The Faroe Islands extends their fisheries agreement with Russia as political opposition from inside the nation’s parliament evaporated
The Faroe Islands will continue their fisheries agreement with Russia as political opposition from inside the nation’s parliament somewhat, evaporated.
Despite opposition parties’ earlier stance on the agreement, yesterday, the Islands’ government concluding there was “broad” political support and decided on a new one-year agreement with Russia.
“It is undoubtedly the only right thing to do in this situation for the Faroe Islands, and I am happy that all parties in the Lagtinget, except one, are on board and see the sense and the rational in that this is the only right thing to do.”
In the end, only one party, the Sjálvstýri party with one seat in the Faroese parliament, decided to vote against extending the agreement.
According to the Fisheries Minister, the Faroese government will start negotiations with the Russians as early as today and it is hoped that both countries will have reached an agreement by tomorrow, Friday 25 November.
The fishing agreement with Russia is a form of barter. It means that Russia gives the Faroe Islands a quota to fish mainly for cod in the Barents Sea, while Russian ships can primarily fish for blue whiting in Faroese waters and tranship the catch in Faroese ports.
The agreement with Russia has existed since 1977 and has been renegotiated every year.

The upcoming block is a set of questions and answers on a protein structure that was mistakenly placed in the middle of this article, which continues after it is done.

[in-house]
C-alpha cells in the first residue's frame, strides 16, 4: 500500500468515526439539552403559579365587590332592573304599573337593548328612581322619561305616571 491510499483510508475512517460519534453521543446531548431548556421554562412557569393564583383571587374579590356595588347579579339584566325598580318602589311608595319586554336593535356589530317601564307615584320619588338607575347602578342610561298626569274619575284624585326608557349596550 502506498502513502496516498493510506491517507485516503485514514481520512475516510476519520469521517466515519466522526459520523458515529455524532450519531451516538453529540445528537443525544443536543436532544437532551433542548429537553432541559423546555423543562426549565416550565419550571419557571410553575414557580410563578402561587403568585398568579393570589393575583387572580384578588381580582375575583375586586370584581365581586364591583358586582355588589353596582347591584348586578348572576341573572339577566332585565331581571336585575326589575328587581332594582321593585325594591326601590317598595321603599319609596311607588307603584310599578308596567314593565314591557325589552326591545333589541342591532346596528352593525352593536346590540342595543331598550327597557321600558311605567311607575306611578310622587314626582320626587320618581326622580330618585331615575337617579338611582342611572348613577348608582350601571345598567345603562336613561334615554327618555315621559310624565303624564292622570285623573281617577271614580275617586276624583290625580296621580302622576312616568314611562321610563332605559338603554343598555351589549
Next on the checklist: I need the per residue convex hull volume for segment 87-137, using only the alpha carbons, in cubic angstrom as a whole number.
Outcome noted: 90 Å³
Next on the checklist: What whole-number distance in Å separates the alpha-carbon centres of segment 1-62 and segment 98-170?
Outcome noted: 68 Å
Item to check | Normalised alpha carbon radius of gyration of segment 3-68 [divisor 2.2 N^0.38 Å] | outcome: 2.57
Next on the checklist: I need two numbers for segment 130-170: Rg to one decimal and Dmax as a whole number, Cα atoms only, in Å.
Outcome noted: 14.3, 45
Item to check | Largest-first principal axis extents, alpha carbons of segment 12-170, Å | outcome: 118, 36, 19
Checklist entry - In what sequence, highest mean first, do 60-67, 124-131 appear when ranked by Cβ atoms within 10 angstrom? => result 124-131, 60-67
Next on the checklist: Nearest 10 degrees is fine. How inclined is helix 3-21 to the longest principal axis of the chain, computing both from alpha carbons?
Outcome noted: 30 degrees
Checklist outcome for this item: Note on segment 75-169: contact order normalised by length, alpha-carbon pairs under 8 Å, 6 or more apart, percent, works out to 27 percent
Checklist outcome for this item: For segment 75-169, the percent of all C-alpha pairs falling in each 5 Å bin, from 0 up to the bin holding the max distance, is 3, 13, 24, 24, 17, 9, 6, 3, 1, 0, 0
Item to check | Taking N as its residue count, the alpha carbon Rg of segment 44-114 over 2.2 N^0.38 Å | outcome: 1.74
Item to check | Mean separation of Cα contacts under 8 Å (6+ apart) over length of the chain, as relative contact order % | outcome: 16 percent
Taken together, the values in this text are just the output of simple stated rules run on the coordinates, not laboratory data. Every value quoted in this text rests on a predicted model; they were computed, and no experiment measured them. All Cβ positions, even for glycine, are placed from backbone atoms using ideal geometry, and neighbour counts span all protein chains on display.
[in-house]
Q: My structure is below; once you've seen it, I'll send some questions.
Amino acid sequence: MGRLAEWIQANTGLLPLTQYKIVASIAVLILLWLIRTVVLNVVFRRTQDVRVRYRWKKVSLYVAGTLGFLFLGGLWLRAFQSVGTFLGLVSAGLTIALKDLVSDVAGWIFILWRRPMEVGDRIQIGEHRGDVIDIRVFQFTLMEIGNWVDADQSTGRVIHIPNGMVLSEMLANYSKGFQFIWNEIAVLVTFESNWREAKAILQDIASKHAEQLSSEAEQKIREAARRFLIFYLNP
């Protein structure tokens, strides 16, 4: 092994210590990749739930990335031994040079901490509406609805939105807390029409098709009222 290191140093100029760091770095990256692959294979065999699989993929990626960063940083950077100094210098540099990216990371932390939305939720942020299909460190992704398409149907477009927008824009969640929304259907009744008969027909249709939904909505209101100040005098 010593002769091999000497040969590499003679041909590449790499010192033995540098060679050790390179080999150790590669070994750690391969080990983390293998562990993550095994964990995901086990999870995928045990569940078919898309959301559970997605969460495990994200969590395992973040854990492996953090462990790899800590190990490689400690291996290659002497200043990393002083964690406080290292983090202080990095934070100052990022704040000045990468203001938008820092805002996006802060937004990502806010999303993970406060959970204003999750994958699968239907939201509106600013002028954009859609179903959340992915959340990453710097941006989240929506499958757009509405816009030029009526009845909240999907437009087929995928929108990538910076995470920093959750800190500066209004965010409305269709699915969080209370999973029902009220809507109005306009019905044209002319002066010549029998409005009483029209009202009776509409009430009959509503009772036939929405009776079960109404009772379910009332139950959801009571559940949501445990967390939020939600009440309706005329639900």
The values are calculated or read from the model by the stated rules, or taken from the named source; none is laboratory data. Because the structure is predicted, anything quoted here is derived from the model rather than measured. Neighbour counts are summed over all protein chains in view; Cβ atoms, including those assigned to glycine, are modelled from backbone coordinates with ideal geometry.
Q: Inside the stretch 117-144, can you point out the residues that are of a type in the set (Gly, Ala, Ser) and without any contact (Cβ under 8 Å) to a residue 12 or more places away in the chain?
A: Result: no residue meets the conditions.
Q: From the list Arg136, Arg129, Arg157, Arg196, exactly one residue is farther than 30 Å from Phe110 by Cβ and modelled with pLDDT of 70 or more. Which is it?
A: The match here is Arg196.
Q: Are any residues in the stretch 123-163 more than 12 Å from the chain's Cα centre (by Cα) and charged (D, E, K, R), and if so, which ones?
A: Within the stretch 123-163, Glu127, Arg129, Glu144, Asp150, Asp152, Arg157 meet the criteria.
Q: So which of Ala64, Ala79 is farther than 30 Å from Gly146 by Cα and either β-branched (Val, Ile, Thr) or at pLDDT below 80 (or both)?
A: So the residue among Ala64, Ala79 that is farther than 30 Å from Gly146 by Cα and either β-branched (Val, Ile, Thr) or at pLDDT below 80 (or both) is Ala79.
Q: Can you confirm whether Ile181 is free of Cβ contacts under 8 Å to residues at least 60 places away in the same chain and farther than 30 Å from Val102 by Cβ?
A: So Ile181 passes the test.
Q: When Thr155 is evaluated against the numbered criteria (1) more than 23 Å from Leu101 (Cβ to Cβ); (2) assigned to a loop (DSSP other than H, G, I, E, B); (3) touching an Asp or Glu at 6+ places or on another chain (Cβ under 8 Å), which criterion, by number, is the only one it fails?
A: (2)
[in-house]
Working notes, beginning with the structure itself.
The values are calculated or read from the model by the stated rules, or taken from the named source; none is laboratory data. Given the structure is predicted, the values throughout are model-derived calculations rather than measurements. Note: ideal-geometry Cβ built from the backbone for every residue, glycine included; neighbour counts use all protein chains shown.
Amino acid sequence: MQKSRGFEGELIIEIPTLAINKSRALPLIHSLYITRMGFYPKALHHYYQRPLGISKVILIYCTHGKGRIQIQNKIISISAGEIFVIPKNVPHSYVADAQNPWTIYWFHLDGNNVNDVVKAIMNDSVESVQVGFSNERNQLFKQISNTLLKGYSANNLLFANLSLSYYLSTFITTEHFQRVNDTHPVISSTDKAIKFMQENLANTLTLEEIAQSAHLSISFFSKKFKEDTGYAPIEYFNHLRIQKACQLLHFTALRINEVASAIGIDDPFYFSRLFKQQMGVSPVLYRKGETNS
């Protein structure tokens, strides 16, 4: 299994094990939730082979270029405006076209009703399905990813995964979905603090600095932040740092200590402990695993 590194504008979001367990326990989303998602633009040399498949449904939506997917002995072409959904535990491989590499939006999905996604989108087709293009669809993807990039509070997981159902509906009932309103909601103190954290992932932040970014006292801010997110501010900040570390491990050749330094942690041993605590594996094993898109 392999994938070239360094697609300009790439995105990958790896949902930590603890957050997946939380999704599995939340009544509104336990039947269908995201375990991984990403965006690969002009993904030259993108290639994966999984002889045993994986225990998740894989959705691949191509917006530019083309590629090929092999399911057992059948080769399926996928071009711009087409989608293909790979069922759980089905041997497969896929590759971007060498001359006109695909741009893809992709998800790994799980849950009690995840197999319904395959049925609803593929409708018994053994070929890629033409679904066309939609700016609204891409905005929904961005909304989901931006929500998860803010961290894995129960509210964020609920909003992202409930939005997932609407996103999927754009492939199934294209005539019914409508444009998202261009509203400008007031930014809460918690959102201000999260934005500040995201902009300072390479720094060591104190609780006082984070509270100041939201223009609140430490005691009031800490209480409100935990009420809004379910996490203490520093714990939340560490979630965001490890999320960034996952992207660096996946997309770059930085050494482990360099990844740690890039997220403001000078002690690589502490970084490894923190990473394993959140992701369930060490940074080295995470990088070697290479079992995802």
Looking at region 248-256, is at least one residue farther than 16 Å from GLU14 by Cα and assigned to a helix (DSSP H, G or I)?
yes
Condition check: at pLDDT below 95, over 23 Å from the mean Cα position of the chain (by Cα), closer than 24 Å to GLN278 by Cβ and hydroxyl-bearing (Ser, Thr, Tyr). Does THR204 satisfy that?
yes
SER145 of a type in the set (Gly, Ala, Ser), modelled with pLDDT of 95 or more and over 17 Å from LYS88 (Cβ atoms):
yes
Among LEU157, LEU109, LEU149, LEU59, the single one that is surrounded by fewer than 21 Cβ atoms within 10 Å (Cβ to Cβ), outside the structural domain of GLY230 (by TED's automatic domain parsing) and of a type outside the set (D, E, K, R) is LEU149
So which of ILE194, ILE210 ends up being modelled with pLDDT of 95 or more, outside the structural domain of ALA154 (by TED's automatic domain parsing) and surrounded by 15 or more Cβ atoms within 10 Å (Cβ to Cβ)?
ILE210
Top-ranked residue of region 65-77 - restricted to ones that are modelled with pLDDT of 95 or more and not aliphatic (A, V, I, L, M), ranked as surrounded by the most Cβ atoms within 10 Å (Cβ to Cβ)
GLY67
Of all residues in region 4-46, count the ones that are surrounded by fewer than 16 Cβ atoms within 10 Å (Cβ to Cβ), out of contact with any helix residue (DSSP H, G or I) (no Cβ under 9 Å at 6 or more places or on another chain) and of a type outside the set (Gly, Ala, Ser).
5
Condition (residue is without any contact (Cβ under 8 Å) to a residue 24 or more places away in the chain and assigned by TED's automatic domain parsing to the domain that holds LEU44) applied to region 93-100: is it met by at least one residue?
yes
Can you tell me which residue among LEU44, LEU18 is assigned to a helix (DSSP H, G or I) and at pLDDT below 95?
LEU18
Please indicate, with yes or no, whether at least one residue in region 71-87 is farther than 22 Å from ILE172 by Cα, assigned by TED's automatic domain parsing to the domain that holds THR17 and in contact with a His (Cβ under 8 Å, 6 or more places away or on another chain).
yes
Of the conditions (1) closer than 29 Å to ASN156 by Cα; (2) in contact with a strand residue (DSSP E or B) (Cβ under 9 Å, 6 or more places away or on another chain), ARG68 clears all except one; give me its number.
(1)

But after Russia’s invasion of Ukraine, the agreement has been hotly debated and met with opposition both from the opposition, internally in the Faroese government and from Danish politicians.
Among others from the now former government party, Miðflokkurin.
The chairman of the party, Jenis av Rana, has previously said that the Faroe Islands should stop all cooperation with Russia, but the criticism bounces off the Fisheries Minister who says that this is the most important fisheries agreement the Faroe Islands have. He said:
“We have had an agreement with Russia since 1977. In the 45 years we have had an agreement with Russia, Russia has been at war for approximately 35 of those years. So, all parties have made an agreement with Russia, whether it was in peacetime or wartime. That situation is no different than it has always been.”
He also refers to the fact that food supplies are exempt from the EU’s sanctions against Russia.
Arguing against the agreement, Associate Professor in economics at the University of the Faroe Islands, Hans Ellefsen, has previously said that it is not something that seriously threatens the Faroese economy in general if the agreement with Russia is terminated.
This is because, as previously mentioned, the agreement is a form of exchange agreement, and that Faroese trawlers can in principle themselves fish what the Russians fish today in Faroese waters, if the industry is restructured.
And it may well be possible in the long run to fish the Russian quota of blue whiting in Faroese waters, Árni Skaale explains, but emphasizes at the same time.
“In the short term, it would be something that would have catastrophic consequences for the Faroese economy, and something that would mean that in the short term we would have major problems in the Faroe Islands.”
The fisheries agreement between the Faroe Islands and Russia
- Has been around since 1977.
- The agreement means that Faroese trawlers can primarily fish for cod in the Barents Sea, while Russian trawlers can primarily catch blue whiting in the Faroe Islands.
- The fishing agreement between the Faroe Islands and Russia is usually renegotiated in November, when the quota distribution for the coming year is agreed upon.
- Four Faroese shipping companies have quota rights to fish in the Barents Sea.
- Food supplies are exempt from EU sanctions against Russia.